Not too likely, but a possibility. As is…
3. International and national actions: nations follow Piketty’s prescription for a global tax on wealth (new national taxes would just drive the richest to other, less demanding countries). Alternatively, the world’s nations could transform globalization through a new round of treaties, perhaps strengthening labor protections.
Meanwhile, Americans take steps domestically. We commit to increased government support for public institutions, including schools. States increase funding to public campuses who offer liberal education, like those in the COPLAC group. We revise K-12 funding, leveling differences between districts. We could even try a second round of busing.
At the campus level American academics take energetic steps. Higher education partners with K-12 schools to help under resourced institutions and students from poor families. Colleges and universities increase student aid based on economic criteria. Faculty organize on adjuncts. Campuses nurture public intellectuals who speak out on these issues. Faculty research and teach the inequality problem across the curriculum, from sociology and economics to first-year seminars.
Or maybe things take a darker turn…
4. Social unrest and political instability: Americans do not accept the new order, and act up and out. A large number agrees with Gilens and Page, that we have changed from being a representative democracy to becoming an oligarchy (“Testing Theories of American Politics”) . As Robert Putnam warns, “[i]nherited political inequality brings us uncomfortably close to the political regime against which the American Revolution was fought.” (Our Kids, 237) Imagine new populist currents, bigger than the ones shepherded currently by Sanders and Trump, perhaps at the scale of the late 19th- and early 20th-century Populist movement. Imagine a broad range of unrest, from demonstrations to violence.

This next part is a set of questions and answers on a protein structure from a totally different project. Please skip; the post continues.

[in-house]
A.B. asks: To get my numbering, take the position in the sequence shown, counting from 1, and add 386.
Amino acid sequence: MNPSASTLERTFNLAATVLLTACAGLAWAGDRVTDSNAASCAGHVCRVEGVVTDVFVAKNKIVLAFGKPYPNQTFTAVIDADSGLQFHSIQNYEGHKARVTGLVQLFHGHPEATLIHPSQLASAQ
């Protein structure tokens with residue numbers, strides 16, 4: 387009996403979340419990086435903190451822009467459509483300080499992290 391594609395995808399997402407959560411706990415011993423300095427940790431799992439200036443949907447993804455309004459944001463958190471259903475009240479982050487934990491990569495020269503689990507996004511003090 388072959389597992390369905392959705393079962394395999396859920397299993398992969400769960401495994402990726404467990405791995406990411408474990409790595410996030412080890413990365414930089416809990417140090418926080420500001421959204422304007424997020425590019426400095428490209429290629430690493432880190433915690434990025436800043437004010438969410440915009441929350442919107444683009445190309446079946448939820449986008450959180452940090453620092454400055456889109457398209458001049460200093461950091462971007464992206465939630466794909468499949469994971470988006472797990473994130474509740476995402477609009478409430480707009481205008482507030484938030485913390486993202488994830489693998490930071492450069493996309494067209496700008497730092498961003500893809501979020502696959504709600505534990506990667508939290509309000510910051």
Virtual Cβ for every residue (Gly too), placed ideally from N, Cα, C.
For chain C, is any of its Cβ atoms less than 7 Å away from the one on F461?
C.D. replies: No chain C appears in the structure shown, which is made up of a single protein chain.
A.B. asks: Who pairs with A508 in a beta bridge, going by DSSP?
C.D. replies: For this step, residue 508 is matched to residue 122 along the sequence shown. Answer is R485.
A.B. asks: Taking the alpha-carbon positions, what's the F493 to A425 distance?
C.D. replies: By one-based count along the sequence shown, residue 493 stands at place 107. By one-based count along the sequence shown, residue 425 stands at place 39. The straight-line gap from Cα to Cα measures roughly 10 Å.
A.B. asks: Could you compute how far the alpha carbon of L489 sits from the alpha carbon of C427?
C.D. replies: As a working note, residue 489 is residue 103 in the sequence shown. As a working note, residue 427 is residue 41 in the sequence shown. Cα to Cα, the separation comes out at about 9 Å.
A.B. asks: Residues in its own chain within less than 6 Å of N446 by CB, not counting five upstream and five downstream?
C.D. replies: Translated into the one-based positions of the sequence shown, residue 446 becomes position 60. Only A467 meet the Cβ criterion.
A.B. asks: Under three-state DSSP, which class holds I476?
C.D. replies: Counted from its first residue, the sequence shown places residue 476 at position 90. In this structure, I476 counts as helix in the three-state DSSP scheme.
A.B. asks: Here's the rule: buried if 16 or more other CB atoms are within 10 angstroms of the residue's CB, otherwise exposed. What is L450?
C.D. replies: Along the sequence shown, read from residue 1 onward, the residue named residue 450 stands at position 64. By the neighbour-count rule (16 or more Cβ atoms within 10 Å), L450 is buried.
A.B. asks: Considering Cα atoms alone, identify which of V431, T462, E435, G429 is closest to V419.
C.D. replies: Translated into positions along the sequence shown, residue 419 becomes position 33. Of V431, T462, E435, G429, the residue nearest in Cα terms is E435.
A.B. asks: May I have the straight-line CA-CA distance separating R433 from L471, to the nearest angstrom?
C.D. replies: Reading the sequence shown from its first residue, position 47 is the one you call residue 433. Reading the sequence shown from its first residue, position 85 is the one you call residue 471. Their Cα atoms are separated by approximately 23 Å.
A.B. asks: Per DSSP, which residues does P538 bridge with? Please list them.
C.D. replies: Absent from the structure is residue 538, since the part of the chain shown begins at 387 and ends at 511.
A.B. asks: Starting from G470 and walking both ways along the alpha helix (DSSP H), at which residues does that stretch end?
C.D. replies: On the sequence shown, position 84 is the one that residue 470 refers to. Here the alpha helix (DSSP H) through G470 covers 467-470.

My question here: in this scenario, what is the role of education?
Having presented these four possible responses, I concluded with a quick recommendation about technology usage. I asked academics to use social media to explore these issues. I commended them to the open education/access/software/etc movements, which might be able to help get around widening resource differences. And I asked them to support people’s rights to own their data. Which felt like a quiet PS to the rest of the talk, and nothing like a conclusion.
I did not offer a more ambitious conclusion. I’ve been researching inequality and education since 2008 or so, and am coming to the realization that educators have to get very political, very quickly, if we’re seriously concerned about income inequality.
I think this means we need to back Bernie Sanders (here’s why). If Hillary Clinton wins the Democratic nomination, we should lobby her continuously to keep her to the anti-oligarchic side.
It also means we need to push on other fronts, like figuring out how to get states to grow, rather than reduce, per-student public institution financing. Higher ed has to learn from California State Universities and figure out how to collaborate with, rather than simply grouse about, K-12.
We’ll have to expand our international thinking, pursuing the structures underpinning income inequality at the global level.
This is enormously complex and risky stuff. It means engaging with a Democratic party that’s shown its willingness to act against educators, while accepting our economic and political support. It means finding new allies, and being willing to call out enemies.
The alternative is to live in Downton Abbey as household staff, smiling at the lovely frocks worn by the 1%, and telling ourselves we’re not making things worse.